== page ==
“On January 20, 2011, residents woke to find Clet's Common Man, a life-size fiberglass statue, installed without permission on Ponte alle Grazie. Much appreciated and much photographed, it was removed seven days later. Clet is now trying to find out how to retrieve his sculpture, which was confiscated by the Soprintendenza. His neighbours in San Niccolò have formed a committee and are currently organizing a petition to help him, echoing fans' cries on Clet's 2,000+ strong Facebook page to ‘give us back the Common Man!’”

Thursday, November 7, 2013

Venice People Mover

Venice People Mover going towards Tronchetto, Venice
Venice People Mover going towards Tronchetto
Venice, September 2013

“The new public transportation service moves along a 857 metres long circuit which is completely above ground level. Each train will have a maximum capacity of 200 people with an hourly capacity of 3 thousand passengers. The initial estimated budget was €16 billion but due to unexpected works that became necessary during construction, the budget reached € 22 billion.”
(People Mover is Working,

Wednesday, November 6, 2013


Niemandsland, No Man's Land by Carmen Leidner, East Side Gallery, Mühlenstraße, Berlin
“Niemandsland” (No Man's Land) by Carmen Leidner, East Side Gallery
Mühlenstraße, Friedrichshain-Kreuzberg
Berlin, September 2011

See also: Berlin Wall - Test the Rest - Bruderkuß - Stay Free - Without Title - Sonic Malade - Vergesst mir die Liebe nicht - Many Small People - Curriculum Vitae

Tuesday, November 5, 2013

Not a Tourist

Model at work, Pont Alexandre III, Paris
The lady doesn't look like a tourist...
Quai d'Orsay / Pont Alexandre III
Paris, July 2012

Monday, November 4, 2013

Great Synagogue of Florence

Tempio Maggiore, Great Synagogue, via Luigi Carlo Farini, Florence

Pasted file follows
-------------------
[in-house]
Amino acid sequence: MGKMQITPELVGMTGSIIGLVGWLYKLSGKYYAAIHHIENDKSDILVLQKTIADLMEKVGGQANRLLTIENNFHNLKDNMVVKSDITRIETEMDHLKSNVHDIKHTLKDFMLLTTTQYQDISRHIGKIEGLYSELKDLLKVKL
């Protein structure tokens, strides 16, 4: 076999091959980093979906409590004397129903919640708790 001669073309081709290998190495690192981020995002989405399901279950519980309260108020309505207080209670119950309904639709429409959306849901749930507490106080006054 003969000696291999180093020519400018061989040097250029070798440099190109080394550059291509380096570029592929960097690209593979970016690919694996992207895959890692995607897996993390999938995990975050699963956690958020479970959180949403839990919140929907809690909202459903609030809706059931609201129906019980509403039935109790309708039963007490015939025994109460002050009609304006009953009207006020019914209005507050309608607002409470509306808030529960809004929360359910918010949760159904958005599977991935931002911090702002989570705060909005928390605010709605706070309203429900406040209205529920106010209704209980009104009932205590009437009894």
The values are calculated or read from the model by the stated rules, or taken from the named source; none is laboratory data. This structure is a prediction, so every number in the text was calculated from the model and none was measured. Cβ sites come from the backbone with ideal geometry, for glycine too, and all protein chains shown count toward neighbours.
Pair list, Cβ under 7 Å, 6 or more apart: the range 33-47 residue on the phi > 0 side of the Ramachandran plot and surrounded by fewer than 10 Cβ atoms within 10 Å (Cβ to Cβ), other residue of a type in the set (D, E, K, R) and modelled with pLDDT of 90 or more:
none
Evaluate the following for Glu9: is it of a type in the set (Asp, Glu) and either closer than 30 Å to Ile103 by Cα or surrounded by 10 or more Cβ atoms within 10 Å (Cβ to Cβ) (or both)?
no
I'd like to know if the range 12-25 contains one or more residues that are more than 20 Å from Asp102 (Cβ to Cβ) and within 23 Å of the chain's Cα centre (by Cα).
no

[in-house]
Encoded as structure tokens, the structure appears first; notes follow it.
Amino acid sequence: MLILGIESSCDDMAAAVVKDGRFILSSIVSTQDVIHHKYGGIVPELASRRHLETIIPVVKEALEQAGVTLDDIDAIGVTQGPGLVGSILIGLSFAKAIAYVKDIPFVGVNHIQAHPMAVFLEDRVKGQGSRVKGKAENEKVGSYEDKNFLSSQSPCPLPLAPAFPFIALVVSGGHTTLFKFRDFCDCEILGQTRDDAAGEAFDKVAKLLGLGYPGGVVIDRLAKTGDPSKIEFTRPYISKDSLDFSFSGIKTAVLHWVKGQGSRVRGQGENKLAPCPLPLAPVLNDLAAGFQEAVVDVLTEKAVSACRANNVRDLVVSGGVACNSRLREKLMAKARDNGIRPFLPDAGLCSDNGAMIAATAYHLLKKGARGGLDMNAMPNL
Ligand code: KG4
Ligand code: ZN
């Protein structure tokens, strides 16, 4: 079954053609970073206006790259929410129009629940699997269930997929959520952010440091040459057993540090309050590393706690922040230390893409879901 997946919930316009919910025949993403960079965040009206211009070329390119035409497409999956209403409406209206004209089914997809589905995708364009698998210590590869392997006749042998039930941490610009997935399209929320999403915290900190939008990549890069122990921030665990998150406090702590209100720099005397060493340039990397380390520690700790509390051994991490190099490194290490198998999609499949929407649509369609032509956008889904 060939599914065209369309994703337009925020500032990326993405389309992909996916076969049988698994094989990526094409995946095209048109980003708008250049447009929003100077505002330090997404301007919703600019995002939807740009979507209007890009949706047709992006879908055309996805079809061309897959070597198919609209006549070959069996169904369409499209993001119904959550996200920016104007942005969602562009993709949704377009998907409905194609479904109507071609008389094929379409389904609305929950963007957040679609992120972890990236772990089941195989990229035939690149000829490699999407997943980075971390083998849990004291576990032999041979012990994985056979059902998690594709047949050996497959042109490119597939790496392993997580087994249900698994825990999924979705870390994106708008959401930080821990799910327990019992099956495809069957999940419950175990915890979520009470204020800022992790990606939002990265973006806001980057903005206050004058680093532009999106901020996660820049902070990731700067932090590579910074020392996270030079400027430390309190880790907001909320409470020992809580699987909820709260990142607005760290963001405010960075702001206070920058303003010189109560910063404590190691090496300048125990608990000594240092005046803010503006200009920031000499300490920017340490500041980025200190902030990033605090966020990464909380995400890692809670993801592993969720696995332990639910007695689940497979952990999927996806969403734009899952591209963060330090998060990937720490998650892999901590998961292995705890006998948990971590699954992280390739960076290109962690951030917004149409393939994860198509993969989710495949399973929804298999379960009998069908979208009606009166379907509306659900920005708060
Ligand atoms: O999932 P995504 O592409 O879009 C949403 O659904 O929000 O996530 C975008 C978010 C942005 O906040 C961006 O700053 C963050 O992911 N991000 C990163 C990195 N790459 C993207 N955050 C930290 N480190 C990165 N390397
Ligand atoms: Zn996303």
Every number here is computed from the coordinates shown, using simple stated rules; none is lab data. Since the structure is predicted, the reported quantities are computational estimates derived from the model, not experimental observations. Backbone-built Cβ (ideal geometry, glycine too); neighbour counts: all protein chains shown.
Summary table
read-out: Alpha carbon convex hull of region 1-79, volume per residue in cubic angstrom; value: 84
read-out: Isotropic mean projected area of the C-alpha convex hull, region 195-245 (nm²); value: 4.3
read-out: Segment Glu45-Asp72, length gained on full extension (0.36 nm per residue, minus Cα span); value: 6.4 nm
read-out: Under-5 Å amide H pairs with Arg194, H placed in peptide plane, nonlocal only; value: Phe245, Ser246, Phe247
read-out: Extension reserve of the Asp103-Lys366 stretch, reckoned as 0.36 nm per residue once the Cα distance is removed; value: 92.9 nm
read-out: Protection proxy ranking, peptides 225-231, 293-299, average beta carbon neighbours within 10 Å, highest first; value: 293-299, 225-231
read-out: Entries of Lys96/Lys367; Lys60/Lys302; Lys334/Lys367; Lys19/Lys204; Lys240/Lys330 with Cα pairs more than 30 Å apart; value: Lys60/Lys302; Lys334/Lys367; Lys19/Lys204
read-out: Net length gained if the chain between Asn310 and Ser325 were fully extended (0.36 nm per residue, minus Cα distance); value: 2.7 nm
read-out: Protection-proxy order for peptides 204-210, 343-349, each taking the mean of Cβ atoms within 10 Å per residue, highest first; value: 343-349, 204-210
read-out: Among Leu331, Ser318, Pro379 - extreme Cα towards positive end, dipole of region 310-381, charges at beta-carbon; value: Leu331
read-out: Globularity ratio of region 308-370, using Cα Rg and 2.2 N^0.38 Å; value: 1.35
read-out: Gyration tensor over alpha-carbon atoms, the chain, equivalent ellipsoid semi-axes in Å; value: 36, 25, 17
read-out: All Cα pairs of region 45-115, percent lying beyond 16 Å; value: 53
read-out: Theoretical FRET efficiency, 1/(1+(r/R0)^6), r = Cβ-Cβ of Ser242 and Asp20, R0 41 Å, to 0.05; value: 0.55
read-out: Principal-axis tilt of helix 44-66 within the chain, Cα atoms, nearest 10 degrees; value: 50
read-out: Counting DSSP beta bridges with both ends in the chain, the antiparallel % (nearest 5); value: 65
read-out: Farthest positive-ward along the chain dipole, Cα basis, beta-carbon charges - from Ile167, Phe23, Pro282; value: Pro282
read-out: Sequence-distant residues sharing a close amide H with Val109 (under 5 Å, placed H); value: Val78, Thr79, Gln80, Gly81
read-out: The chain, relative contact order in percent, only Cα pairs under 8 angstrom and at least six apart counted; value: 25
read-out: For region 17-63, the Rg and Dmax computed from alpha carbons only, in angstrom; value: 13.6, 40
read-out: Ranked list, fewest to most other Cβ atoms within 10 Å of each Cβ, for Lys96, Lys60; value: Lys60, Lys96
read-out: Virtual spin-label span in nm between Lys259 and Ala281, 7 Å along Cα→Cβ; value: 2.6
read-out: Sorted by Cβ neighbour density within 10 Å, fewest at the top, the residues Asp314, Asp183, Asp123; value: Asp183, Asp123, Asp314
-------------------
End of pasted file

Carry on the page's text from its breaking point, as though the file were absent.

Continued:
Tempio Maggiore (Great Synagogue)
Via Luigi Carlo Farini
Florence, October 2013

“The Florence synagogue was built after years of discussion about its location. The community wanted to build it as close to the center as possible, in order to signify what it saw as the important role Jews played in the new, unified Italy which had guaranteed them full civil rights. In the event, the temple was built a little off the old city center. A gift of land and money by congregant David Levi was too good to refuse. Still, the large dome of the Tempio israelitico is a prominent feature of the Florence landscape. The vaguely oriental shape of the dome supplanted an original typicaly neo-renaissance design. This and all the other Moorish features of the temple were virtually imposed on the architects by the professors of the Florentine Academy. ”
(Great Synagogue of Florence, Chabad Travel Guide)

Sunday, November 3, 2013

Alison Lapper in Venice

Inflatable version of Alison Lapper Pregnant by Marc Quinn, island of San Giorgio Maggiore, Venice
Inflatable version of “Alison Lapper Pregnant” by Marc Quinn
Island of San Giorgio Maggiore, San Marco
Venice, September 2013

External links: Alison Lapper (Wikipedia)

“That vulnerability is an inescapable fact of human life, and is what unites each of us to the other. ‘Alison Lapper Pregnant’ strikes me as a heroic image of both truly human vulnerability and strength. Of course, everything I've written above has more to do with the original sculpture of ‘Alison Lapper Pregnant’ than with the inflatable version (12 meters high/39 feet) that now sits beside the church of San Giorgio Maggiore. Does the piece still work as well if the material from which it is made suggests not Michelangelo and Trajan but some huge blow-up Paul Bunyan advertising a lumber yard?”

Saturday, November 2, 2013

Lady Aileen

Launch Lady Aileen of the London Port Health Authority, river Thames, London
The launch “Lady Aileen” of the London Port Health Authority
Seen from the Golden Jubilee Bridge, Hungerford Bridge
London, October 2009

Friday, November 1, 2013

Four Captives

Four Captives by Martin Desjardins, Cour Puget, Musée du Louvre, Paris
“Four Captives” also known as “Four Defeated Nations”, by Martin Desjardins, 1685
Cour Puget, Musée du Louvre
Paris, July 2008

“Taken from the pedestal of the statue in the Place des Victoires, these captives represent the nations defeated by the Treaty of Nijmegen (1679). Each expresses a different reaction to captivity: revolt, hope, resignation, or grief. They were first kept in the Invalides (1804-1939) then allocated to the Louvre in 1960 and placed in the grounds of the Château de Sceaux from 1961 to 1992.”
(Four Captives, Musée du Louvre)